Taking the top down on the Evoque
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Roof down and bottoms up — UK motoring writer Andrew English heads to the Champagne region of France in Range Rover's new soft-top Evoque
Interviewing your taxi driver might be a journalistic cliche, but I make no excuses, since it was he who gave me the third degree en route to Land Rover's Halewood factory in Liverpool.
"Why you going there, mate?" he asked.
I explained that I was about to drive the new Range Rover Evoque Convertible to 1500km to Courchevel, France. "So that's like a fancy new Land Rover is it?"
I said explained that on its 60th anniversary in 2008, Land Rover exhibited the LRX concept at the Detroit motor show and it was that which formed the basis of the 2011 Evoque.
Despite its Freelander underpinnings, this was effectively a concept car for the road, an idea the public got like that -- I snapped my fingers for dramatic effect.
"So why are you driving it now?" he asked. Not much escaped this man.
"It's a convertible," I replied.
"A fancy Land Rover, with a hood, then," he said.
"One day we're gonna run out of things to do..."
And that was indeed my feeling when I first surveyed the Range Rover Evoque Convertible, while rivals were even less kind.
"Oh ja, the car we all really need," joked one German car maker's PR, though the joke was on the other foot at the recent Geneva motor show when Volkswagen showed the T-Cross Breeze concept, which was so like the Evoque Convertible, it's a wonder Land Rover isn't briefing its solicitors.
This drive has been devised by Land Rover's press office as a jaunt through exotic and luxurious locations, and the implication is obvious.
This is what they'd like you to think the average buyer of the car would regard as a long-weekend break. Question is, when would they get the hood down on a sub-zero M62 with sleet swirling about like soap powder?
Our route takes us down to Folkestone and the Channel Tunnel, overnighting at the belle epoque resort of Wimereux on the north coast of France and then heading to Epernay in the heart of the champagne-producing region.
Motorways and autoroutes are hardly the sternest test of the Range Rover Evoque Convertible, but first impressions are that there's a blind spot like a galactic black hole in the rear three quarters, and that adding effectively four passengers to the kerb weight hasn't done the handling or performance any favours.
The ride is commendably compliant and quiet, however, especially when you consider the tread blocks of the 20-inch Pirelli Scorpion winter tyres pummelling the asphalt.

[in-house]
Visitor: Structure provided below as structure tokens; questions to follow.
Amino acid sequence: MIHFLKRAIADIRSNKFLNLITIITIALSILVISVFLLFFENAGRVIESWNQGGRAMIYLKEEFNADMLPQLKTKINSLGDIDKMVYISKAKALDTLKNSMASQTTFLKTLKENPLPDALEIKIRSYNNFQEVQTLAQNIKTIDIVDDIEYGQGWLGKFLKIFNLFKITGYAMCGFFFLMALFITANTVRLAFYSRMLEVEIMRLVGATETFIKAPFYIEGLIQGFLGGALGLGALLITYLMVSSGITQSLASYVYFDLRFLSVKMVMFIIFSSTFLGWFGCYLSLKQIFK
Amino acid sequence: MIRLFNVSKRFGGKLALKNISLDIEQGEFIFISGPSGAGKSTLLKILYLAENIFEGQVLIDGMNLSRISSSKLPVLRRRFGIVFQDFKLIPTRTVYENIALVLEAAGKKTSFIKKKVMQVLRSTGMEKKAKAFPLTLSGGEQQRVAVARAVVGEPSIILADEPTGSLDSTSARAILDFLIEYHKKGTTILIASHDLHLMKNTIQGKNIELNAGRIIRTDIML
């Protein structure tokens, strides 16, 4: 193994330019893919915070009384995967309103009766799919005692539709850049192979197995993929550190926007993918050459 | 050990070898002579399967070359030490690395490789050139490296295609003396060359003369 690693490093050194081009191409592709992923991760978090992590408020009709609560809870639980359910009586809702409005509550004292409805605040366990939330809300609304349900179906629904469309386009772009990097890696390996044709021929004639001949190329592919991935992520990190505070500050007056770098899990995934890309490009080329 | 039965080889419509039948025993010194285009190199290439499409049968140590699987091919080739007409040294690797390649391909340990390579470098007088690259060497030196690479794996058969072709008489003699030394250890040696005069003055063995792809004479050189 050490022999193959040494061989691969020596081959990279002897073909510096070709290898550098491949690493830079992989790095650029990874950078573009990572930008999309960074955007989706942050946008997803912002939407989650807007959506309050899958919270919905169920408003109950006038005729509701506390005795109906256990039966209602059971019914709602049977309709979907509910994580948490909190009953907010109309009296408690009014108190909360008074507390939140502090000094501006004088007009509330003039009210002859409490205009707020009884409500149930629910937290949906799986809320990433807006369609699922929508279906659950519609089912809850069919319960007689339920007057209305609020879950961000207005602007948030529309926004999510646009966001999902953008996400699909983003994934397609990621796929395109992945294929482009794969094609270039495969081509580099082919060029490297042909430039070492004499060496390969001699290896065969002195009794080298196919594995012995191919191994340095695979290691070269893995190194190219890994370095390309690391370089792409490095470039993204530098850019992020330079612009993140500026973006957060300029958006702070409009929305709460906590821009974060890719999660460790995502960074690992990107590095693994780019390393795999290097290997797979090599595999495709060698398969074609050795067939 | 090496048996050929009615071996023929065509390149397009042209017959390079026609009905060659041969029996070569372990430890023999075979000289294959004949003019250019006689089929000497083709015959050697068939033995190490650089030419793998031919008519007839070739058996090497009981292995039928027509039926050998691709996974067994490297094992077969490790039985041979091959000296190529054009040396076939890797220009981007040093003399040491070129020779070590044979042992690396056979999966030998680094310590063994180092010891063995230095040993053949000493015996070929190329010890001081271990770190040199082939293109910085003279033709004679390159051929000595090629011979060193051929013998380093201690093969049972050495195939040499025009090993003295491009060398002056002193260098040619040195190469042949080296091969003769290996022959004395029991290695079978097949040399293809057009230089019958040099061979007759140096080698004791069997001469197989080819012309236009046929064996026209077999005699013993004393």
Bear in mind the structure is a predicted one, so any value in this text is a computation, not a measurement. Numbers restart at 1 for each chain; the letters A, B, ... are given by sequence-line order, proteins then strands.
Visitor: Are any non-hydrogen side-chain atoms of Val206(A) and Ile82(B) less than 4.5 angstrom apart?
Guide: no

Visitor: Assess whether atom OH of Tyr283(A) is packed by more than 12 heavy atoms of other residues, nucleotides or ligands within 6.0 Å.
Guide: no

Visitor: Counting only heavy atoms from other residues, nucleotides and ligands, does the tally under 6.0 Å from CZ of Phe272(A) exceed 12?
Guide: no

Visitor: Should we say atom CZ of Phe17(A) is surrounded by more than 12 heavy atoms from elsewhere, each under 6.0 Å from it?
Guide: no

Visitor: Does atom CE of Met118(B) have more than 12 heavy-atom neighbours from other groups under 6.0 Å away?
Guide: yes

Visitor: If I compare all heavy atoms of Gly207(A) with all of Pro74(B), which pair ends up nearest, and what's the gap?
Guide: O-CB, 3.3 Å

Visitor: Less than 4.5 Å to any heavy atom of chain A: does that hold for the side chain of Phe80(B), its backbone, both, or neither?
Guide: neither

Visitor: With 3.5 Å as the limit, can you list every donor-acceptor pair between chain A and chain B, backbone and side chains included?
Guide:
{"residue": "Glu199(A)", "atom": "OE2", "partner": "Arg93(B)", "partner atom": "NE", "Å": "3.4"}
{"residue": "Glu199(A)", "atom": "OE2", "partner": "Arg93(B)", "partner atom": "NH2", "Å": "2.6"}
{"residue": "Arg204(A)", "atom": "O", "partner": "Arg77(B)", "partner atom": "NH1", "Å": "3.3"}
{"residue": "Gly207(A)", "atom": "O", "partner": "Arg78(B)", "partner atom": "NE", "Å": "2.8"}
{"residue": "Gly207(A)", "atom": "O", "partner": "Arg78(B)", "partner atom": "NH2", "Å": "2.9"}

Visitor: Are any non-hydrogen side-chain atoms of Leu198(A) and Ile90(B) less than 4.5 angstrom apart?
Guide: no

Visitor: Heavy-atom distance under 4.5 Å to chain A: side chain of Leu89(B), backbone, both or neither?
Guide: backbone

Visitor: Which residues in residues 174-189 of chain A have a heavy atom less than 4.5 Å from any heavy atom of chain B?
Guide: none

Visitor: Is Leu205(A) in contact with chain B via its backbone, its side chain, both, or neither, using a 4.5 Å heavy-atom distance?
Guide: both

The hood is tight against rain and snow and admirably flap-free, the heated leather seats are comfy and warm and the heater is mercifully efficient.
It's not the best-looking car in the world, but parked outside the family Champagne house of Godefroy Baijot, the Evoque's orange paintwork matches the brickwork and the dumpy rear end isn't quite such a shock.
While Land Rover is all about pushing the boundaries, rapid prototyping, reducing cost and time and speeding the wheels of industry, champagne is almost the opposite.
"We don't change much at all," Baijot told me. "We are in the luxury business and that means we can afford waste."
Perhaps that's true of the luxury car business, too. While our Evoque Convertible's 200km top speed is the same as that of the three-door coupe, its 0-100km/h acceleration is 1.2 seconds slower.
Out on the winding roads of Epernay, it's clear the Evoque Convertible isn't a very fast car. And extending the revs exposes the harshness of the diesel engine and the sharpness of the nine-speed automatic gearbox. It's sure-footed, though, with strong grip, and while you wouldn't want to throw it around corners for the hell of it, it copes well enough when you do.
Down through France to the ski slopes, I ponder the purpose of the Range Rover Evoque Convertible.
There's no obvious reason for this car, any more than there is for the myriad SUVs already on sale, which never venture farther off road than a car park.
The Evoque Convertible is slower, thirstier, less agile and more expensive than its tin-top equivalent, but that's to miss the point.
It's fun, rather a lovely thing in its own right and really not a bad cabriolet.
Even if you keep the top up for most of its life, just 18 seconds of whirring sees a furled hood and a smile on your face.
In that sense, it is a little like Champagne in that if you find yourself asking why, then perhaps you've asked the wrong question. A better question is: why not?
- Telegraph Group Ltd, photos / supplied
Land Rover NZ is taking customer-only orders for the Evoque convertible.
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